Treasury took the lead in October with the unusual step of posting a notice of determination refusing access on its disclosure log , presumably for the purpose of getting the word out and around. Other agencies followed suit in a complete about turn from 2007 where some had released parts of briefs and 2010 when just about every agency pro-actively published more substantial segments, significantly contributing to public understanding of issues facing government.
In Senate estimates last week ALP Senator Dastyari did some probing about the shift in gears at Finance and how the 2013 decision was reached. Finance released 18 pages of innocuous material on Christmas Eve. That was something of a difference - others ran the argument that the entire document was exempt and had to be withheld.
Finance Minister Cormann said the decision was nothing to do with him:
"I have no involvement in these sorts of decisions or in the timing of the announcements. What I get as a courtesy is regular notification on what FOI requests are pending, and I get regular updates on what releases have been made, but I have absolutely no involvement in any of the decision making whatsoever. I essentially get provided with information for noting.Secretary Tune explained he had decided to publish a redacted version in previous years but this time the ball had been passed to Deputy Secretary Connell:
I guess the second time around I thought we should take it right through the FOI process and have a look at it in a proper way. I accept that prima facie it looks like an inconsistency. But the first time I might have jumped the gun a bit, and the second time we decided to follow due process in full.Deputy Secretary Connell ran through the decision making process: no, there had been no external advice "at all", only input from the internal legal team. It was her decision. After it had been taken she advised the Secretary "for noting."
Ms Connell stood by her previous answer that no external advice had been received. This was not advice about the FOI determination. She had received the email
Treasury had broadcast its decision to the world and AGD had circulated their version to dep secs around Canberra (it is here (pdf) dated 8 November). I imagine the Finance internal legal team, if not Ms Connell were keeping close tabs on developments, heartened by the Australian Information Commissioner's decision in Crowe."...in my role as deputy secretary and not as decision maker. It was general advice that was sent out to a number of my colleagues. The key piece of advice in here goes to the heart of the policy advice we do receive often—that a decision on whether or not to release a particular document or particular information is a matter for the decision maker to consider. So I became decision maker for a similar request, I think, and I made a decision some seven weeks later, but I did not consult, I was not directed and I did not engage with other decision makers when I made that decision.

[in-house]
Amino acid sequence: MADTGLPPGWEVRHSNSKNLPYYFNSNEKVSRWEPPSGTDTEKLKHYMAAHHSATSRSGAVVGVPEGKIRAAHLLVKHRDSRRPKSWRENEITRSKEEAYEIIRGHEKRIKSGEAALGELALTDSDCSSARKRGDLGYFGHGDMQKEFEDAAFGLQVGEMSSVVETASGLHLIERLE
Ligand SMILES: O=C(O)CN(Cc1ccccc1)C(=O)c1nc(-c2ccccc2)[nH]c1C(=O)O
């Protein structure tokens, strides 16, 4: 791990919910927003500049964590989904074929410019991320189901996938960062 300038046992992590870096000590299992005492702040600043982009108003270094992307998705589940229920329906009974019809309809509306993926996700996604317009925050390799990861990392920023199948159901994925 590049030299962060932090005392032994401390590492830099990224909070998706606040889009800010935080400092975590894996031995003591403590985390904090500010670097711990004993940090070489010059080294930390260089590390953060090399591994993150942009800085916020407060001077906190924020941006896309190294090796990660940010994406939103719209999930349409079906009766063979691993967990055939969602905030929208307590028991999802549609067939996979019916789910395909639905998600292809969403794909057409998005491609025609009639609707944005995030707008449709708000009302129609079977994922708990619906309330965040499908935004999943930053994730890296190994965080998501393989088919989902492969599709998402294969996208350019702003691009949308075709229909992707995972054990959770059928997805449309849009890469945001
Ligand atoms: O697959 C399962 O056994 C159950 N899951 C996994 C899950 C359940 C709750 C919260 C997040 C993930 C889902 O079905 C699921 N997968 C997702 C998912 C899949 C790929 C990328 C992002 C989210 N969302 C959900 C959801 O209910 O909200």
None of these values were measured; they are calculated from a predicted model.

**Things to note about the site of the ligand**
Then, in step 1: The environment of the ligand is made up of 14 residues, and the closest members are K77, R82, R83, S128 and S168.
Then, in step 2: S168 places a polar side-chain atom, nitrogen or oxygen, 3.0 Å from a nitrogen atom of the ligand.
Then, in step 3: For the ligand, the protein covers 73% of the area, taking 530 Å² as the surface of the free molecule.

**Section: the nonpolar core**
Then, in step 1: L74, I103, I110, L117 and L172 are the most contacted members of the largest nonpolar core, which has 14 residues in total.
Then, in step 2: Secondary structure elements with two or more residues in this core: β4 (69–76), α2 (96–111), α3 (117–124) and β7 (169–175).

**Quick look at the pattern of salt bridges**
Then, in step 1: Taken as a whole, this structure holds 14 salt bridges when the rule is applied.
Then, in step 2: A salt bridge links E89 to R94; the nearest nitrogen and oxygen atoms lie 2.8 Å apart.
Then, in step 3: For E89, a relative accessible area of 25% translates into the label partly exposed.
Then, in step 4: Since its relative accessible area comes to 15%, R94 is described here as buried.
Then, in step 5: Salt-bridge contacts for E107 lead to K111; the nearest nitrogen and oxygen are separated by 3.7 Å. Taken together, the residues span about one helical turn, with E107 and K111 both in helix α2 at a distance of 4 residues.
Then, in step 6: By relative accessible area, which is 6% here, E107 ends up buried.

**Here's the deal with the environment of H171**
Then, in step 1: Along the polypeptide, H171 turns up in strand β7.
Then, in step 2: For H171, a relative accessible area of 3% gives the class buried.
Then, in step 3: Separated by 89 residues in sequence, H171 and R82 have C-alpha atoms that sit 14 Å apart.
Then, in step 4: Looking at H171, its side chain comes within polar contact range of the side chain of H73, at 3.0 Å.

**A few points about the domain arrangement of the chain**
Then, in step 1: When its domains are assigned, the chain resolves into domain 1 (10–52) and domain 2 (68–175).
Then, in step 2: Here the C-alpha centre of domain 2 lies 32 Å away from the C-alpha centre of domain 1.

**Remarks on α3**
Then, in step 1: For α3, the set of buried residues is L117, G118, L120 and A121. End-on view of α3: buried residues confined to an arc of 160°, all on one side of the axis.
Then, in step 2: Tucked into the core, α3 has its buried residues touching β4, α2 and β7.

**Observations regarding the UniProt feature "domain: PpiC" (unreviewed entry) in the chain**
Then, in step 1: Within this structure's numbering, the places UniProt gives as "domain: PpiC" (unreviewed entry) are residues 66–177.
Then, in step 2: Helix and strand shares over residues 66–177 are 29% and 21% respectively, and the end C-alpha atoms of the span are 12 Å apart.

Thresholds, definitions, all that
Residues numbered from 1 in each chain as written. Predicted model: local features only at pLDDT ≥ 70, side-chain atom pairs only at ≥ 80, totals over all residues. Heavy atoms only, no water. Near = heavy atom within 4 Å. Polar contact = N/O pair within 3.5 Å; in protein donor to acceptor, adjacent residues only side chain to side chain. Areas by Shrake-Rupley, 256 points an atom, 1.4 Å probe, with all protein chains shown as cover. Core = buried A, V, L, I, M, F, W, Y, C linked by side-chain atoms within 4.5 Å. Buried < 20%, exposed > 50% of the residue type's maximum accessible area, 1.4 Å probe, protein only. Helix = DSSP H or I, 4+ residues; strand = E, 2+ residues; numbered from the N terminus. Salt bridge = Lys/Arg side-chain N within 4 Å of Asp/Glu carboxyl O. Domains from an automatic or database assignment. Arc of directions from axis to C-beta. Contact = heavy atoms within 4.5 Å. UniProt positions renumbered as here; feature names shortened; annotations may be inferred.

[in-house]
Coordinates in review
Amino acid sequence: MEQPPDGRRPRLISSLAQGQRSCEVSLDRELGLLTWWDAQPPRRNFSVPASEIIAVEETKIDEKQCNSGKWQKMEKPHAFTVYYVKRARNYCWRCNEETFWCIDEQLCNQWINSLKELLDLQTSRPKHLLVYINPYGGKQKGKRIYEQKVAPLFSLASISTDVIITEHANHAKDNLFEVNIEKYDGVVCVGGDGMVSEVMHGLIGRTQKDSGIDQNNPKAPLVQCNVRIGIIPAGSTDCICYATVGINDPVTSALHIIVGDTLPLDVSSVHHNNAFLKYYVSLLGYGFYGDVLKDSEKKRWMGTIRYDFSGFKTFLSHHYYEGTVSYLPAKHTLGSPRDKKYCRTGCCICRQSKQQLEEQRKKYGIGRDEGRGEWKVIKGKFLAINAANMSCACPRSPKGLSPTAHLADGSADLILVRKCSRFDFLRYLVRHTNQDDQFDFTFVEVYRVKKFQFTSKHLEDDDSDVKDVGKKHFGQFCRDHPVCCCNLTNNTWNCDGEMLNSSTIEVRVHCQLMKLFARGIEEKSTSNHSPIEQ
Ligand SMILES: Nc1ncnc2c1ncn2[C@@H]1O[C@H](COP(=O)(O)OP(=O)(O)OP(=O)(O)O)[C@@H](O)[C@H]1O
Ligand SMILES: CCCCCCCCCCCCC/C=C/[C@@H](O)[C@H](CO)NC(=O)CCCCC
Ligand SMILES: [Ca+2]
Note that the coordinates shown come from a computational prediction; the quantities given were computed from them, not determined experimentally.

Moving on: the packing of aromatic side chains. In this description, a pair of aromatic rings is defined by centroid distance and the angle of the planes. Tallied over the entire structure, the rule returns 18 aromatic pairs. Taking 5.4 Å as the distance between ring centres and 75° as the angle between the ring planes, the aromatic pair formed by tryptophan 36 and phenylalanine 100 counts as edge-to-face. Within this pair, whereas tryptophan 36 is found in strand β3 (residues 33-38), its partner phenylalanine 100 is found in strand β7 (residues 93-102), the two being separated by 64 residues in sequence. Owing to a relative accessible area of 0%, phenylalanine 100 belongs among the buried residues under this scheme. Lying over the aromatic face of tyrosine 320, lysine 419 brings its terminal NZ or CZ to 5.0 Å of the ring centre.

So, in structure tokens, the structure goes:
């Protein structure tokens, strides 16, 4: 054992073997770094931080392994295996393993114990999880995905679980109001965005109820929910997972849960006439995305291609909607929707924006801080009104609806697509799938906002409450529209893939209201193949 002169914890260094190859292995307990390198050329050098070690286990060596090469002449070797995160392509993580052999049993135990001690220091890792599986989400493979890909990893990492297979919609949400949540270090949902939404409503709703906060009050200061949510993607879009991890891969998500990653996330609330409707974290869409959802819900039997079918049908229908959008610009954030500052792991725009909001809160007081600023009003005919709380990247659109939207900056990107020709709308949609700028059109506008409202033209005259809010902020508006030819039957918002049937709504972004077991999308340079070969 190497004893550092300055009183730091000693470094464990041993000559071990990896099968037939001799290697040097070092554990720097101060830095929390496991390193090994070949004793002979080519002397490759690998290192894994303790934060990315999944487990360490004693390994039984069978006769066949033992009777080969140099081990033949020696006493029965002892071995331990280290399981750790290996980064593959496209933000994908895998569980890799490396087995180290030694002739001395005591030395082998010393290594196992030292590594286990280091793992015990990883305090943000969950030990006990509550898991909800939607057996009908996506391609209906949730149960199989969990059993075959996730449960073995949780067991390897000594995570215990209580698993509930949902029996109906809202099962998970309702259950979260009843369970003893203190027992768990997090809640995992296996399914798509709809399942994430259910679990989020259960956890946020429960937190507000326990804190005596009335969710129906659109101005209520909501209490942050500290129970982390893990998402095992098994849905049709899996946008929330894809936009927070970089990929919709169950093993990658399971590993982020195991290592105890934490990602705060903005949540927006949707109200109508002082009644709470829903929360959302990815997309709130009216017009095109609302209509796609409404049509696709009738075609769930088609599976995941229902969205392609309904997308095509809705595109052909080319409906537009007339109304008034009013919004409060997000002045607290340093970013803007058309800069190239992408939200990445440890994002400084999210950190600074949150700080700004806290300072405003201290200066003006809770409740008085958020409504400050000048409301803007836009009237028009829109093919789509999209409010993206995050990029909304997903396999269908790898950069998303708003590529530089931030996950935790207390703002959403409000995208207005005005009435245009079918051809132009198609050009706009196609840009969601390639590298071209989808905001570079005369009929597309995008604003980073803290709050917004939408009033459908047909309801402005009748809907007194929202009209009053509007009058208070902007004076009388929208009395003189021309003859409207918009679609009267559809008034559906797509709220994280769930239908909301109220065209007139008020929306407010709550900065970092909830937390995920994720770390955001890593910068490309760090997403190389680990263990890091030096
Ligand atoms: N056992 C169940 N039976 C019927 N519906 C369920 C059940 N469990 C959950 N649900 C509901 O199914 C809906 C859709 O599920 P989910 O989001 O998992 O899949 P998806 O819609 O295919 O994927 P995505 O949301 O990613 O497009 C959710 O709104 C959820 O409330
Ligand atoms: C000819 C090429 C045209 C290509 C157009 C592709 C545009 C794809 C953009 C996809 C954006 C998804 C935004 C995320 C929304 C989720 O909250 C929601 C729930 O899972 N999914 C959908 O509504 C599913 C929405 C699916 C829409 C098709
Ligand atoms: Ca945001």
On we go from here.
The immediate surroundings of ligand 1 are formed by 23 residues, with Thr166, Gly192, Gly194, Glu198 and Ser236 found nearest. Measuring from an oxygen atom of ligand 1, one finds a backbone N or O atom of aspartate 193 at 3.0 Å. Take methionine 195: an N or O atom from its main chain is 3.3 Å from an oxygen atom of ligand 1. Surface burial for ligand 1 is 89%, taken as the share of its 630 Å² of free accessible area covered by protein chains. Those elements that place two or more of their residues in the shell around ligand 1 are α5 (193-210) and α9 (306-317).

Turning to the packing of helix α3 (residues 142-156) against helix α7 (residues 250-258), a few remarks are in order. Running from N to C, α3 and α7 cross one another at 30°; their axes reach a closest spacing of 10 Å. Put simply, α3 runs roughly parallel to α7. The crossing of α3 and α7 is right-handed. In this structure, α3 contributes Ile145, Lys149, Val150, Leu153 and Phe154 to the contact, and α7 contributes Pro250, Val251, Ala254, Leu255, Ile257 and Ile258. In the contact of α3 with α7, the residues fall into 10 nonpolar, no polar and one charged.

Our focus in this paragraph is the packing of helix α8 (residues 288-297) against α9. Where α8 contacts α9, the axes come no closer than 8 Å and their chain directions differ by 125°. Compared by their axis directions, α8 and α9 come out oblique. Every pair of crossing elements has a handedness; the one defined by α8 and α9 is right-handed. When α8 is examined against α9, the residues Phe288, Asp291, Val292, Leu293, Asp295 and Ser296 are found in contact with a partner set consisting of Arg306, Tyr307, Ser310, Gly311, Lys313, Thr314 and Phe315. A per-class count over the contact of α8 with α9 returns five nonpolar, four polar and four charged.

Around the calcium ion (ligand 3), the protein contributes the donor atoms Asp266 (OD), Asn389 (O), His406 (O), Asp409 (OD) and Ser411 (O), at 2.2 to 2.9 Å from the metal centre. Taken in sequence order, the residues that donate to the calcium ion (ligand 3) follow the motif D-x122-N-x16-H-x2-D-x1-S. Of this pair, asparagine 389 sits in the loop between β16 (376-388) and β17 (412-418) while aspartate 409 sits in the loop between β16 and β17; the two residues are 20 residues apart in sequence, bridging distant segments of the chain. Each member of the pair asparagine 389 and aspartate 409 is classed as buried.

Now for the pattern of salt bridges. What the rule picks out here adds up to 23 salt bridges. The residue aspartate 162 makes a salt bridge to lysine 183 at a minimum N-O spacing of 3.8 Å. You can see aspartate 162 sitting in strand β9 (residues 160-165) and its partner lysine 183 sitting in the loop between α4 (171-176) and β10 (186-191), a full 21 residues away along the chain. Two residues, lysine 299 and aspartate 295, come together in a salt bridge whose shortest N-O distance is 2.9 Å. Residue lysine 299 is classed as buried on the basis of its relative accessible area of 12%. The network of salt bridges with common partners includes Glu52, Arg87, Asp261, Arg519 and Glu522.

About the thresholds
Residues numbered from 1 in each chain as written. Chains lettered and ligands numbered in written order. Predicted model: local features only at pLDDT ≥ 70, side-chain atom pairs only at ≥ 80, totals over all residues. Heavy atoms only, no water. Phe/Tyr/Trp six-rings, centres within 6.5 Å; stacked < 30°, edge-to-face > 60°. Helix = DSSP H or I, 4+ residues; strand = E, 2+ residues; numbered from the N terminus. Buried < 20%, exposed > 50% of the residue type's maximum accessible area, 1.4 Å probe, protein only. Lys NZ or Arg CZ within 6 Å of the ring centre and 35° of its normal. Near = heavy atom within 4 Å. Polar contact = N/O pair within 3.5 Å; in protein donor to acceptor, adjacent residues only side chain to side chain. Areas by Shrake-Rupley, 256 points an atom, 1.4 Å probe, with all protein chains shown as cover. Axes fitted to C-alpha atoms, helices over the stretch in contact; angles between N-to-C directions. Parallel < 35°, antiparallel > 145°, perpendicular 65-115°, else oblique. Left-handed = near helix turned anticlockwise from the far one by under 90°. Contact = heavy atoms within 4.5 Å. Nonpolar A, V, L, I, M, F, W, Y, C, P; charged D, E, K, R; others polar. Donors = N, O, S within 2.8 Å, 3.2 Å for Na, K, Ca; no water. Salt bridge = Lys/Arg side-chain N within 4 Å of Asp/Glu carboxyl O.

So no surprises about the take up in Finance and elsewhere of the argument that disclosure would endanger the development of a trust relationship with the minister, mean public servants in future would offer limited bland rather than frank honest advice, and operations of the agency would suffer substantial adverse effect.
And I'm sure it had nothing to do with the fact that keen judges of such things across the public service could detect changing tone at the top. For example in 2010 then shadow finance spokesman Andrew Robb, who prior to the 2013 election looked likely to be Finance minister but took Trade, had said the public service briefs prepared before that election warranted state secret status, if a public service 'down tools" was to be avoided:
''The red and blue books are fundamental to successful transition to government, and that's another important plank of convention in the way in which our government runs,'' he said. ''That material is based on frank and fearless … advice by the public service, and if they thought that could become public knowledge, they would not conduct that sort of assessment again.''The long Q&A in Estimates here for the buffs:
Senator DASTYARI: Ms Connell, was any guidance provided by PM&C or any other department on how to handle these? I imagine these were the same FOI requests that were given everywhere, so was there a standard government response to determine how the response was going to be made? Did AG's or PM&C provide advice to everybody?
Senator DASTYARI: Yes, I wanted to follow up that matter, Ms Connell, but I will give you a chance to say your piece.